The longus colli muscle is found on the anterior side of the vertebral column in the neck. The muscle connects the atlas with the third thoracic vertebra. Broader in the middle than at the ends, the muscle contains three sections: the superior oblique, the inferior oblique and a vertical portion. The superior or upper oblique connects the anterior arch of the atlas with the transverse processes third, fourth, and fifth cervical vertebra with a narrow tendon. The inferior or lower oblique connects the fifth and sixth transverse processes with the first two thoracic vertebrae. This section of the muscle is thicker and arises in the front of the bottom of the muscle. The vertical portion of the muscle connects the first two thoracic vertebrae with the front of the second, third, and fourth cervical vertebrae. The longus colli muscle turns and twists the neck anteriorly. As thus, the tendons of this muscle may suffer acute calcific tendonitis if the patient has been involved in a car accident. A cause of the tendonitis is a rear-end whiplash injury and treated with proper medical therapy.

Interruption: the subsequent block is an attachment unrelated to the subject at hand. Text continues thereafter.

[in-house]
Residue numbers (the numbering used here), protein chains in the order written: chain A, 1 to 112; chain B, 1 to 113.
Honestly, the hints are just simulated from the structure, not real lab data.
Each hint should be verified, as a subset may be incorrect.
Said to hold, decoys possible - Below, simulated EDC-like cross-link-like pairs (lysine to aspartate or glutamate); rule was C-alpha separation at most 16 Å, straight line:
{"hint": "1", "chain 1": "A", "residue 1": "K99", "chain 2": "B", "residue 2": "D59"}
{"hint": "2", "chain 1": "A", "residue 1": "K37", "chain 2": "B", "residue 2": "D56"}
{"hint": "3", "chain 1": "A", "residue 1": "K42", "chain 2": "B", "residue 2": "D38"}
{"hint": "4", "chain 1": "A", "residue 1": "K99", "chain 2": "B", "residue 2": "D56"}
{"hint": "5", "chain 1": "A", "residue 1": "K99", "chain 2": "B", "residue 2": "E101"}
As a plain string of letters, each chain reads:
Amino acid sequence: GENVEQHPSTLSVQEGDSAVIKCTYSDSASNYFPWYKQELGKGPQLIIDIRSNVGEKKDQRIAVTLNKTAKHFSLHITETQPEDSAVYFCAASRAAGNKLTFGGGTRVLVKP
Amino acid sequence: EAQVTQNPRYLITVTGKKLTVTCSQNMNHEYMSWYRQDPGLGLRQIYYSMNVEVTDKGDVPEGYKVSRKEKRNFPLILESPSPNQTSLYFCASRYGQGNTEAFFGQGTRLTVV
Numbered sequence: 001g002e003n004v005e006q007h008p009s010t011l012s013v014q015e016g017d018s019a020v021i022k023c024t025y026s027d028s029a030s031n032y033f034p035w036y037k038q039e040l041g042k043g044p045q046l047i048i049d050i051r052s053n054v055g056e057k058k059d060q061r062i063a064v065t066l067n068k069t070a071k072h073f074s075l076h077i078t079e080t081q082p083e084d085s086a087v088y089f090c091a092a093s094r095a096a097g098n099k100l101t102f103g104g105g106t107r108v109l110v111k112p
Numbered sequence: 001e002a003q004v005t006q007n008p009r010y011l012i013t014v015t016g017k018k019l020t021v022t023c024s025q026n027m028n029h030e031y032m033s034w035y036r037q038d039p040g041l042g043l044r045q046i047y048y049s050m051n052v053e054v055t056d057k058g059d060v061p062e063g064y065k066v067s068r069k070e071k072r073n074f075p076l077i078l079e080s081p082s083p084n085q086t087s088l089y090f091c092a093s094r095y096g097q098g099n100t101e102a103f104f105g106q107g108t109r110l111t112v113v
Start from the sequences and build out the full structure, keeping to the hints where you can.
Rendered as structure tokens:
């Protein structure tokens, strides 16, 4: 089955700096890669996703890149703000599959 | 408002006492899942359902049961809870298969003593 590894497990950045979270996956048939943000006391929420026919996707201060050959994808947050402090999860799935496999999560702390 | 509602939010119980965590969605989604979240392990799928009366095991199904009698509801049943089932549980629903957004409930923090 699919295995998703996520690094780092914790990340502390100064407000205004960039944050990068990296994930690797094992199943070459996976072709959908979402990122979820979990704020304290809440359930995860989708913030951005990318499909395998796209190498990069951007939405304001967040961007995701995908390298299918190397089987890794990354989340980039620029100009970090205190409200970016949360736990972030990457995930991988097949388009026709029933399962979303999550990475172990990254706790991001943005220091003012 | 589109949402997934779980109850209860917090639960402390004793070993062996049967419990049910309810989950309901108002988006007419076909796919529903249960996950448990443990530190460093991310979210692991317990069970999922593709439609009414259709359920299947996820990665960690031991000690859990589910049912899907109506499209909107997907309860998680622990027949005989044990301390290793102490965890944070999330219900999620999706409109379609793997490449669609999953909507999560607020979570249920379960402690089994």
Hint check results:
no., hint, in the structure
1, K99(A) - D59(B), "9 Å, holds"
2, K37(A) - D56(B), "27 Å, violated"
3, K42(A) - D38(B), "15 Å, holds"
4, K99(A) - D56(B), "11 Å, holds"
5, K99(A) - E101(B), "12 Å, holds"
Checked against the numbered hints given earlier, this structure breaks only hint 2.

Written and medically reviewed by the Healthline Editorial Team
In Depth: Longus colli